Google's Pixel and Pixel XL are great smartphones - there's no doubt. But what makes them so great, exactly? Well, here are five things that I think help make that case with conviction.
#1: The camera
This is my favorite smartphone camera, full stop. No other smartphone camera captures images as quickly and reliably as this one - because the Pixel's camera starts capturing images the moment you launch it, and continuously does so in order to all but eliminate any shutter lag. It really does make the camera's shutter button feel completely instant, no matter the light level or if the phone's been sitting idle in your pocket for an hour. A quick double-tap of the power button launches the camera at Galaxy S7 speeds, but it's when you hit the shutter button that the Pixel blows the competition away - there's just no contest here, and it's remarkably consistent in this regard. Smartburst adds to the Pixel's already stellar camera speed credentials: just hold down the shutter button and the camera will rapid-fire capture a ton of photos to make sure you get the best shot. Oh, and Smartburst even picks the best shot of the bunch for you - how cool is that?
Google's enhanced HDR+ mode is even quicker now, too, and the results look better than ever (and don't easily lag the camera with every capture). Combine that with unlimited Google Photos cloud storage - at full resolution - and the Pixel is a mobile photography powerhouse.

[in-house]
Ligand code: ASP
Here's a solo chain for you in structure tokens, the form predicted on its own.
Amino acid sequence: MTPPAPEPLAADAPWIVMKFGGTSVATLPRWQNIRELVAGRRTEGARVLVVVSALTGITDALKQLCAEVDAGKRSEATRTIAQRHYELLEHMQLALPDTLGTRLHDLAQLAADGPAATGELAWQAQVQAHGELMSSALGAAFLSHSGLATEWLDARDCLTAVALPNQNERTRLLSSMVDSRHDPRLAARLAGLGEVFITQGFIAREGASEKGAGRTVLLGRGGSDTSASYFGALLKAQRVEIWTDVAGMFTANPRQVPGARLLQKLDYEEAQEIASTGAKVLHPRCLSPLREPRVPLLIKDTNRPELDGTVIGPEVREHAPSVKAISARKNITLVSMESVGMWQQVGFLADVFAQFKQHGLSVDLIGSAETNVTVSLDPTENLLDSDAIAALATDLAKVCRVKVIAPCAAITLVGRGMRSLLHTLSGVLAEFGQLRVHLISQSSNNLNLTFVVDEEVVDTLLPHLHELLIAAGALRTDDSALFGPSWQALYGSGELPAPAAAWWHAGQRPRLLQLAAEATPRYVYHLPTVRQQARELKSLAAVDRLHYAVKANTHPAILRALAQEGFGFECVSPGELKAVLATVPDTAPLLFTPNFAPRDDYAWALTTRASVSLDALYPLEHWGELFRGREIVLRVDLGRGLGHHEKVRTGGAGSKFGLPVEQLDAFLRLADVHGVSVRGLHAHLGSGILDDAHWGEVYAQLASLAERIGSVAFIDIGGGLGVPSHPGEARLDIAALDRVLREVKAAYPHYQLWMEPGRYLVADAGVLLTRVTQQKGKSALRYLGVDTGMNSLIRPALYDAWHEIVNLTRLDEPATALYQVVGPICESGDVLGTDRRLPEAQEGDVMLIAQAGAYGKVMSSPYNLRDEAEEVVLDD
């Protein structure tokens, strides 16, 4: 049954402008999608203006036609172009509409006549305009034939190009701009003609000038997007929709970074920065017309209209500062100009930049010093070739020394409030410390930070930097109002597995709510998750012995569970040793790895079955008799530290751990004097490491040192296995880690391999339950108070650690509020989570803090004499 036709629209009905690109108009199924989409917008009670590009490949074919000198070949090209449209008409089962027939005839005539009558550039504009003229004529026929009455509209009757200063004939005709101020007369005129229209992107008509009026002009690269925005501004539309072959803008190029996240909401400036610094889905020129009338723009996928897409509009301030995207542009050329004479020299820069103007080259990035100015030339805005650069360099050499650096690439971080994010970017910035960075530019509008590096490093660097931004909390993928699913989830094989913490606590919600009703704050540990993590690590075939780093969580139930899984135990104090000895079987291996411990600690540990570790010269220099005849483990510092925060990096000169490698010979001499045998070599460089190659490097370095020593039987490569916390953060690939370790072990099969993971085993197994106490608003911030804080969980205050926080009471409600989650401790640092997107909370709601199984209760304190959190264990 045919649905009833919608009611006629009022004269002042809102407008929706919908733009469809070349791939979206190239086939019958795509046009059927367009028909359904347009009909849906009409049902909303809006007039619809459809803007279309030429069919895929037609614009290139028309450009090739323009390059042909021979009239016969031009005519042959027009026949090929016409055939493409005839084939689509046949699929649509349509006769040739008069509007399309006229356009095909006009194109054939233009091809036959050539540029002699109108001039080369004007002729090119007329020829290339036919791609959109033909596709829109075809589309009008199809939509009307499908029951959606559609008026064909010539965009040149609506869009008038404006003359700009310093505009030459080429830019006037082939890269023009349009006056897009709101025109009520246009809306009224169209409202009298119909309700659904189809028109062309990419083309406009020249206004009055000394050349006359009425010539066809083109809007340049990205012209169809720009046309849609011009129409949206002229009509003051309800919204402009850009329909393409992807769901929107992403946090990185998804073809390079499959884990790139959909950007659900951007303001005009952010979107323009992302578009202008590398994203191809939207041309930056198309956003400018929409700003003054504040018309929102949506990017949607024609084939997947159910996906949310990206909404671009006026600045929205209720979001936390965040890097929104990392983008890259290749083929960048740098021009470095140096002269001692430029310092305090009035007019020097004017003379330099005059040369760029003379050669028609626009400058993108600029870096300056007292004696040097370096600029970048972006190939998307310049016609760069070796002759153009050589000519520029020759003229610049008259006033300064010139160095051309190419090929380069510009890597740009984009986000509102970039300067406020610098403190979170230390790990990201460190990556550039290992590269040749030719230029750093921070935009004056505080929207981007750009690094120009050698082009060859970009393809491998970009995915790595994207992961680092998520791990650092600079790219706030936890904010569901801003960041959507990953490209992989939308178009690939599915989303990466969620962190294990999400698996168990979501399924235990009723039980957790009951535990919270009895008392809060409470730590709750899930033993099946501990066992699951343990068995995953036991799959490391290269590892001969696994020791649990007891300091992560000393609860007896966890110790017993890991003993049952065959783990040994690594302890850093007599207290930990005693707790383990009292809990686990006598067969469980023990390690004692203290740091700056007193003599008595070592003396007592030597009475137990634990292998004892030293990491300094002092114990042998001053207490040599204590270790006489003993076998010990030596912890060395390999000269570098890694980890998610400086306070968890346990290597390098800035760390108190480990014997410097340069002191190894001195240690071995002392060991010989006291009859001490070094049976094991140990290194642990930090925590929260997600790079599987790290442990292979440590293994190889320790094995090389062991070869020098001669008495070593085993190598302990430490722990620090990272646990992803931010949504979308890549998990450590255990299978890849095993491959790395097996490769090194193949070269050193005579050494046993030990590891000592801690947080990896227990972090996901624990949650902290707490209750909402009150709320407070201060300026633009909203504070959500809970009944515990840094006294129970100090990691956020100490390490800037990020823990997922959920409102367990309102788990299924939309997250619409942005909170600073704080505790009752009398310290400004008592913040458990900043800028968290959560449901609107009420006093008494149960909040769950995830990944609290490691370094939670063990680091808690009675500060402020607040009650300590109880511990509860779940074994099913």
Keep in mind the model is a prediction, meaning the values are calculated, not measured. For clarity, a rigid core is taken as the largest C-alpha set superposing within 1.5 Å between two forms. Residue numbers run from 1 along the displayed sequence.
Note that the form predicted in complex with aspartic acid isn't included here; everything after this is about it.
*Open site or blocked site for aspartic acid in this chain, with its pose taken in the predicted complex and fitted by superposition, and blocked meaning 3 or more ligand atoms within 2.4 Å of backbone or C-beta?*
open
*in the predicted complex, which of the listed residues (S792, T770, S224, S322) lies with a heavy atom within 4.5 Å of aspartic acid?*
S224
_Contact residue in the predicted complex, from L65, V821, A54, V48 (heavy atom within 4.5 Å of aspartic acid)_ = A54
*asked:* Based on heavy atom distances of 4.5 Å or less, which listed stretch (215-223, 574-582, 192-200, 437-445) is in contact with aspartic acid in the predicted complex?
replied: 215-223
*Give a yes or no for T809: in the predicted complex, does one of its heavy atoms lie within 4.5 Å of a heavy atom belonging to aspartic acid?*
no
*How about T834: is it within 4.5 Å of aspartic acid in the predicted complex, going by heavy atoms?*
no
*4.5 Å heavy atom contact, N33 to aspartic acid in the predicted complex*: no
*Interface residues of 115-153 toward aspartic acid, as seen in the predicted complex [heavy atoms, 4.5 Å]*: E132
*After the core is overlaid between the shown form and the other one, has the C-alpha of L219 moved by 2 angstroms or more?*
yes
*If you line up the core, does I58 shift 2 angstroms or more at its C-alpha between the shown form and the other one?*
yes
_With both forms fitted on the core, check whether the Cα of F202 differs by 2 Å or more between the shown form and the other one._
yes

There are other things to love: the camera app now has an exposure value slider to get the brightness of your shot just right. There's a white balance selector. You can long press on the viewfinder to lock the camera's focus on a specific point. There's no full manual mode with the Pixels, but I'd honestly say that would defeat much of the purpose of what they're good at: capturing a great image at a moment's notice. (Of course, you could download a third party camera app and access many manual features, thanks to the Camera2 API.)
Google's Terminator-level-of-stillness electronic image stabilization also means your 4K videos will look uncannily smooth, even if the effect can border on... robotic at times. Check out this video MKBHD shot using only the Pixel - it's almost creepy just how smooth the video is.
#2 Android and updates by Google
Quite simply, this is the best Android software experience. It's smooth, it's fast, there's no bloatware, and you get software updates directly from Google. You'll be the first to get them, and you'll get them a guaranteed two years (three years for security patches). Google is moving to a quarterly update cycle for Android going forward, too, so your Pixel will get new features and enhancements four times a year instead of just two. That's exciting.
You can also bet that the Pixels have the best implementations of Android's newest features and capabilities. Google wants the Pixels to showcase the very best of Google's products, services, and the operating system itself. Google Assistant is baked into the Pixels, for example, and it's always listening. Just say "OK Google" even when the phone is off, and Assistant springs to life. You can also launch it directly via a long-press of the home button, which is awesome because randomly saying "OK Google" all the time does make you seem like kind of a weirdo.
When your phone gets updates, you'll barely notice them installing, because the Pixels support Android 7.0's new Seamless Updates, borrowed from Chrome OS. Updates install silently in the background, and once they're done, your phone just needs to reboot - no waiting for lengthy install dialogues, no "apps optimizing" step, just a quick restart and bam: you're on the latest version of Android. Even the Verizon versions of the Pixels will allegedly be updated at the same time as their unlocked brethren, so if you buy a Pixel, you get updates, end of story.
#3 Solid battery life